Chinaco Blanco – NOM 1127 – $29.99 In the mid-1980s Chinaco was a revelation to inexperienced American tequila drinkers. 100% agave? What does that mean? Today 100% agave tequila is the norm, but it wasn't back then. An interesting fact about Chinaco is that it's distilled outside of Jalisco, in one of the few regions that can legally call its products tequila: Tamaulipas – a state to the east of Jalisco along the Gulf of Mexico. Chinaco was the first real boutique tequila on the U.S. market. Today, it's not quite the same as it once was, but it's still one of the most interesting and diverse tequilas on our shelf. The aromas are strong with roasted agave and a slightly earthy component. The palate is tangy with more cooked agave and a lovely combination of spice and bell pepper on the finish. Really great stuff and well balanced.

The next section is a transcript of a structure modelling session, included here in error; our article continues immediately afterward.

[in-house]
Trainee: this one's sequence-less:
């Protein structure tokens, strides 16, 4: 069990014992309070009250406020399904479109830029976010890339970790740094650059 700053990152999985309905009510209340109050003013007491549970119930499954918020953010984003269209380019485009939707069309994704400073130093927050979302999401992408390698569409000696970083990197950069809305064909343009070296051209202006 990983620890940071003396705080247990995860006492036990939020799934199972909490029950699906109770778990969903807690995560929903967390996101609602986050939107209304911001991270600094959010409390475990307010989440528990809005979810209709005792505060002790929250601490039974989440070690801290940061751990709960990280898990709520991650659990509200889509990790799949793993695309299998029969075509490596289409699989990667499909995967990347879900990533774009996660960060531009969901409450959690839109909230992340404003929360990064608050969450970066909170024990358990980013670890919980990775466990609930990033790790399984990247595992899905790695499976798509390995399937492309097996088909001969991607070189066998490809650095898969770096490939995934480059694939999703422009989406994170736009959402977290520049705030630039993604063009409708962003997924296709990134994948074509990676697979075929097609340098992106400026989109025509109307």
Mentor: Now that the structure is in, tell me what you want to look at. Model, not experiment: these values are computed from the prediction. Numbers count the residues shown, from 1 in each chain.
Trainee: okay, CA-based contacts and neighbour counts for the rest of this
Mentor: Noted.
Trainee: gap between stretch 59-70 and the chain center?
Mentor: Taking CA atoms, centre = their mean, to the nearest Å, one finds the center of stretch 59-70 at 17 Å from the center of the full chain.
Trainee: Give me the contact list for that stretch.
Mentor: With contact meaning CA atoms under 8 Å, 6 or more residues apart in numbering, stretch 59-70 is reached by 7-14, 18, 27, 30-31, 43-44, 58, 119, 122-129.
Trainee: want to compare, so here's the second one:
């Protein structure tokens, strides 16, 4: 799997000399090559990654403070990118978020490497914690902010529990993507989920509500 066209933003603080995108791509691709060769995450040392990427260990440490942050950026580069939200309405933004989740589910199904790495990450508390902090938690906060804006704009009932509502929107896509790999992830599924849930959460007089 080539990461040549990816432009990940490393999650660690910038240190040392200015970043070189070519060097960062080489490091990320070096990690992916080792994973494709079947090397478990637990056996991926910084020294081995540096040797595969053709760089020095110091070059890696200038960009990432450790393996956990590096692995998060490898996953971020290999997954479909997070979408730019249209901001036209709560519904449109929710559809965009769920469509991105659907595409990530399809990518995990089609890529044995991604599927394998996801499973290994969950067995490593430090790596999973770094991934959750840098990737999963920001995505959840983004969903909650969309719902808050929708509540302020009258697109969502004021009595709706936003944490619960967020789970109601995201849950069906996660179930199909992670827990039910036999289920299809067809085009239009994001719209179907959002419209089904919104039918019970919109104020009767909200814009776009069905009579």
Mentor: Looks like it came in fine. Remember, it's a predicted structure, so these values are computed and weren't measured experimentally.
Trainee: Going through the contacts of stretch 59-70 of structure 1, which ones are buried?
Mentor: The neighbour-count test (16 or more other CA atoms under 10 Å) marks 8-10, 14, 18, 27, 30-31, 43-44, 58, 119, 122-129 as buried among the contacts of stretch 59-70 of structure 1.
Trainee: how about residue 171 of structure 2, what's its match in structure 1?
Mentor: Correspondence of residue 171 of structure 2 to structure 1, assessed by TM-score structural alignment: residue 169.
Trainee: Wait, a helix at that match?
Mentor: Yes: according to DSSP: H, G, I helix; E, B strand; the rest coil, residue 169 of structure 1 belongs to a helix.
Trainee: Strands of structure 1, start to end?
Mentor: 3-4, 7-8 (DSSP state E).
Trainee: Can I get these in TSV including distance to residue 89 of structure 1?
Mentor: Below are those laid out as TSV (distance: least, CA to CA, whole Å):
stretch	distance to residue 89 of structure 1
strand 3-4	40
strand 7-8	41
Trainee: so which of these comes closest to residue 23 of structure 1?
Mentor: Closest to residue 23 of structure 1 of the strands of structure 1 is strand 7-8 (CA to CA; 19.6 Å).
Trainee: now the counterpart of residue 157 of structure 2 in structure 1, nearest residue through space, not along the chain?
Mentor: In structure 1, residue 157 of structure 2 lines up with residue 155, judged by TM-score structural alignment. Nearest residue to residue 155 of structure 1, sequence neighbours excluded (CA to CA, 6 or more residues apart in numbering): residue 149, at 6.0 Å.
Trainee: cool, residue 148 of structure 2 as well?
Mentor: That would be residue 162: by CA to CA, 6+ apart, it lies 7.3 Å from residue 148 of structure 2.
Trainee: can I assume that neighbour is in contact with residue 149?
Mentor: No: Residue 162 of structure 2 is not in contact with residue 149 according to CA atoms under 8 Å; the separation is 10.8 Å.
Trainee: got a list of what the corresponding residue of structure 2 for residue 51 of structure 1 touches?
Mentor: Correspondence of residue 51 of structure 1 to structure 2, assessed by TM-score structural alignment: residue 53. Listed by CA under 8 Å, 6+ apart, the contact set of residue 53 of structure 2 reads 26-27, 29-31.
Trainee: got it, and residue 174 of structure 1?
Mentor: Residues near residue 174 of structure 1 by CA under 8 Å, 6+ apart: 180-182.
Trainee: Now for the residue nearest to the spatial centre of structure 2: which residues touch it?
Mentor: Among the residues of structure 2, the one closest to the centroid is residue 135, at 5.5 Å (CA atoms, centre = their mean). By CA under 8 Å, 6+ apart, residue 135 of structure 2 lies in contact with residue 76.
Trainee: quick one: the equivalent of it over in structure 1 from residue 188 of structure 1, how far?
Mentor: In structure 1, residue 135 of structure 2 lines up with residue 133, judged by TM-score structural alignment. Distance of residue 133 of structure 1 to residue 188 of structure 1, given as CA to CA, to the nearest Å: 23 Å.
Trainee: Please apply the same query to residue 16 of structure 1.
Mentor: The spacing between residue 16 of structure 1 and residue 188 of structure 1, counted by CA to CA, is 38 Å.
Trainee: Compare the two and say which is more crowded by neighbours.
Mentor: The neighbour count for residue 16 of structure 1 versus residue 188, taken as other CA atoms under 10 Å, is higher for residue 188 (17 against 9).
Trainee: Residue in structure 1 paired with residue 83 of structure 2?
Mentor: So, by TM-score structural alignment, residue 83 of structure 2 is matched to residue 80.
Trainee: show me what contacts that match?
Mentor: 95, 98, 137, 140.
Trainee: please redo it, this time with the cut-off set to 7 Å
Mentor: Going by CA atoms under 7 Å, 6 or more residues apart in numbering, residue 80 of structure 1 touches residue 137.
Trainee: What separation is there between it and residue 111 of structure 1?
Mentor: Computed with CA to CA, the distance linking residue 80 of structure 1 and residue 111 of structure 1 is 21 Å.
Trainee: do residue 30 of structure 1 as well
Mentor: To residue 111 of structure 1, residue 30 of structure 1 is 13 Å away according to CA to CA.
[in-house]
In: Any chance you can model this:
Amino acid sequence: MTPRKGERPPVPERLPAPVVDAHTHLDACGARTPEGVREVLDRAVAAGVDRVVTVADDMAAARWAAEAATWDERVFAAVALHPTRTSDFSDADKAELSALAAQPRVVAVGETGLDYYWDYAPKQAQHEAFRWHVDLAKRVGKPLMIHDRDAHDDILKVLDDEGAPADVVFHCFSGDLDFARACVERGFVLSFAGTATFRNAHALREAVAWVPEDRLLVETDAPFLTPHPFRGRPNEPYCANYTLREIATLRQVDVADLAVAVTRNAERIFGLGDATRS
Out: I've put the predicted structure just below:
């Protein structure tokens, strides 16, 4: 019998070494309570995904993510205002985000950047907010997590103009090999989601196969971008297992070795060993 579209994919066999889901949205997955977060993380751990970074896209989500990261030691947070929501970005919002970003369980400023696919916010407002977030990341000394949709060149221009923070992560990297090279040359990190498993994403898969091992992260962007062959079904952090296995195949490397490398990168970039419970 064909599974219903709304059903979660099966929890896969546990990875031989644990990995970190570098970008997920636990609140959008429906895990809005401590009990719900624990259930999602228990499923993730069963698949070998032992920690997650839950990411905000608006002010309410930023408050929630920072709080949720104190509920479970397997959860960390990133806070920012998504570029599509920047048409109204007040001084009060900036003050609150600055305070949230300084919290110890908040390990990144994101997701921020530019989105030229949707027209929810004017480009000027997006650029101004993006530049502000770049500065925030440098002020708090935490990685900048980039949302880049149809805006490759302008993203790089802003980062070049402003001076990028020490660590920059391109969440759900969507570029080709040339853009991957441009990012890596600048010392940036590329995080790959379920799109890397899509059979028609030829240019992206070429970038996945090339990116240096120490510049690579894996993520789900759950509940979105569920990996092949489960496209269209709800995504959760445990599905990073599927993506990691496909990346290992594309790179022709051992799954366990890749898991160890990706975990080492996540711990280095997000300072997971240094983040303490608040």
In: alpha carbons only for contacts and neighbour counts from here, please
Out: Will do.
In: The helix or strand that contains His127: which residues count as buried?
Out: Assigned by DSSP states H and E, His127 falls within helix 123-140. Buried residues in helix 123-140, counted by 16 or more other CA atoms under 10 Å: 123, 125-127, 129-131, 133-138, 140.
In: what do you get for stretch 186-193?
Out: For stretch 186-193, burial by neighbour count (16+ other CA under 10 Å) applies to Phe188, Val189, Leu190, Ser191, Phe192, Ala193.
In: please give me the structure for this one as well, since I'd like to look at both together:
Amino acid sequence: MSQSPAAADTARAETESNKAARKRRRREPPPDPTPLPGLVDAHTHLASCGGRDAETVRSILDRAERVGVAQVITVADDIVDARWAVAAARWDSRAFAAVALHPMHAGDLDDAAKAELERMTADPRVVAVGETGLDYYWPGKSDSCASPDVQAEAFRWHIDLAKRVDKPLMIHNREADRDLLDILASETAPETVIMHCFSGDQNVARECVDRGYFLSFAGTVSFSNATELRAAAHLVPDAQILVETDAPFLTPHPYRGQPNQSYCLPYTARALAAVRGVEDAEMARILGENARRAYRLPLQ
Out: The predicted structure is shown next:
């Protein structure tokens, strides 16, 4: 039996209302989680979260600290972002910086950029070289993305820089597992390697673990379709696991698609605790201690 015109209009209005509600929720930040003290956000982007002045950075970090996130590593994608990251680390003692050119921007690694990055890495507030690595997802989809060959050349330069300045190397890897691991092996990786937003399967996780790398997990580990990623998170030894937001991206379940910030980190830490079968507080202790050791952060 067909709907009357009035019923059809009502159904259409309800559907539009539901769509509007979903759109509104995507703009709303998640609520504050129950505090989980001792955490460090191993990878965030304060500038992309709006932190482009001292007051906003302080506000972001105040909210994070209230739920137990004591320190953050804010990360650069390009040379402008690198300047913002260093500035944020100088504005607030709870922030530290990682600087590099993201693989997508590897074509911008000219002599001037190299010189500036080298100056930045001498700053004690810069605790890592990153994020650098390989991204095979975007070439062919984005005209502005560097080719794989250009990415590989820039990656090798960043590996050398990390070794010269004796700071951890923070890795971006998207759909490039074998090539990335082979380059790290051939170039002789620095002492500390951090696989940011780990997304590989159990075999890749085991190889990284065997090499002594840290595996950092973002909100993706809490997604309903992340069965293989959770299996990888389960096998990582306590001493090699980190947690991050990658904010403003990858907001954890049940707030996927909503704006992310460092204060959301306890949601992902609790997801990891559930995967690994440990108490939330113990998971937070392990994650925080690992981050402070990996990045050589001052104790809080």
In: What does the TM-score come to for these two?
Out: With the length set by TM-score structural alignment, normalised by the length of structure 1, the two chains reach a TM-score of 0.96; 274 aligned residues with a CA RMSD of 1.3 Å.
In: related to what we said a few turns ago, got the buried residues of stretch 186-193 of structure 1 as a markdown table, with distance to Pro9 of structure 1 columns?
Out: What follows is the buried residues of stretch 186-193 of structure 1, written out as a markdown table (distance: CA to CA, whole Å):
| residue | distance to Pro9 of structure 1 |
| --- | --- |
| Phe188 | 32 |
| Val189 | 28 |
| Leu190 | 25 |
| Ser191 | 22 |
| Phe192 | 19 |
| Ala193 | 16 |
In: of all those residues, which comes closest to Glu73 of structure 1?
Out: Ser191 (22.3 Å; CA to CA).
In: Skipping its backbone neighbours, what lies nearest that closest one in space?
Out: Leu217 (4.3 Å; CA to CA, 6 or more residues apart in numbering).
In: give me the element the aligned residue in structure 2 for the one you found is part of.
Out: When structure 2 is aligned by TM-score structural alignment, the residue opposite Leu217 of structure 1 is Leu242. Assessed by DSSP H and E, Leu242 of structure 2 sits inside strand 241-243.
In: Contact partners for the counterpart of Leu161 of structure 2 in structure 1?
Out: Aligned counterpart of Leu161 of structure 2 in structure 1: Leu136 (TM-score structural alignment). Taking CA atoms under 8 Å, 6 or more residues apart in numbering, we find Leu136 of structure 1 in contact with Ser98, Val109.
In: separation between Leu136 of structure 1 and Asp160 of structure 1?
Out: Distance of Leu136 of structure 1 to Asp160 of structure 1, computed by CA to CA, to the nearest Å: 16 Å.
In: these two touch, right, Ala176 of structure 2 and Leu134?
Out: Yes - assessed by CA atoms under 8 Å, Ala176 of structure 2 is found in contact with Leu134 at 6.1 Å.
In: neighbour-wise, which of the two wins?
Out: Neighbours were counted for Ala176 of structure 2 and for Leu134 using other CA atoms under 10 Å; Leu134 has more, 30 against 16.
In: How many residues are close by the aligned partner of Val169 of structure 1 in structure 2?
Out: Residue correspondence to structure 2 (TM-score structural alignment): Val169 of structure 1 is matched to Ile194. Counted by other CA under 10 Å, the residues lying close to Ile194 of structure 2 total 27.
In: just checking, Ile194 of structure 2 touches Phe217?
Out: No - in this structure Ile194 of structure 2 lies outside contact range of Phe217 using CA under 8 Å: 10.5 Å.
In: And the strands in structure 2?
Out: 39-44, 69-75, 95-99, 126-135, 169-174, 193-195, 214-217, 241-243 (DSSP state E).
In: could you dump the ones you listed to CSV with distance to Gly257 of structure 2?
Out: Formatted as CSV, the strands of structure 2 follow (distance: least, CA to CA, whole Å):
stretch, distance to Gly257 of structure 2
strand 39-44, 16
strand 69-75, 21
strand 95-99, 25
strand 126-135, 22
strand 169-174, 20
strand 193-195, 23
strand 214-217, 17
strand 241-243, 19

Don Julio Blanco – NOM 1449 – $35.99 And where does Don Julio Gonzalez's legendary blanco fit into this boutique tequila tasting? I can't say that it does. While Don Julio's aged expressions are still top notch and worthy of praise, the blanco simply can't hang with this group. The nose is pleasant enough, but the palate is rather vegetal and lacking in pop. There's not much fruit, mostly pepper and bitter vegetal notes. It's not bad, but it's not better than one of the tequilas I've tasted so far. I'd still happily drink it if poured a shot, but remember this tasting is about side-by-side context. 

Still more tequila talk to come!

-David Driscoll

David Driscoll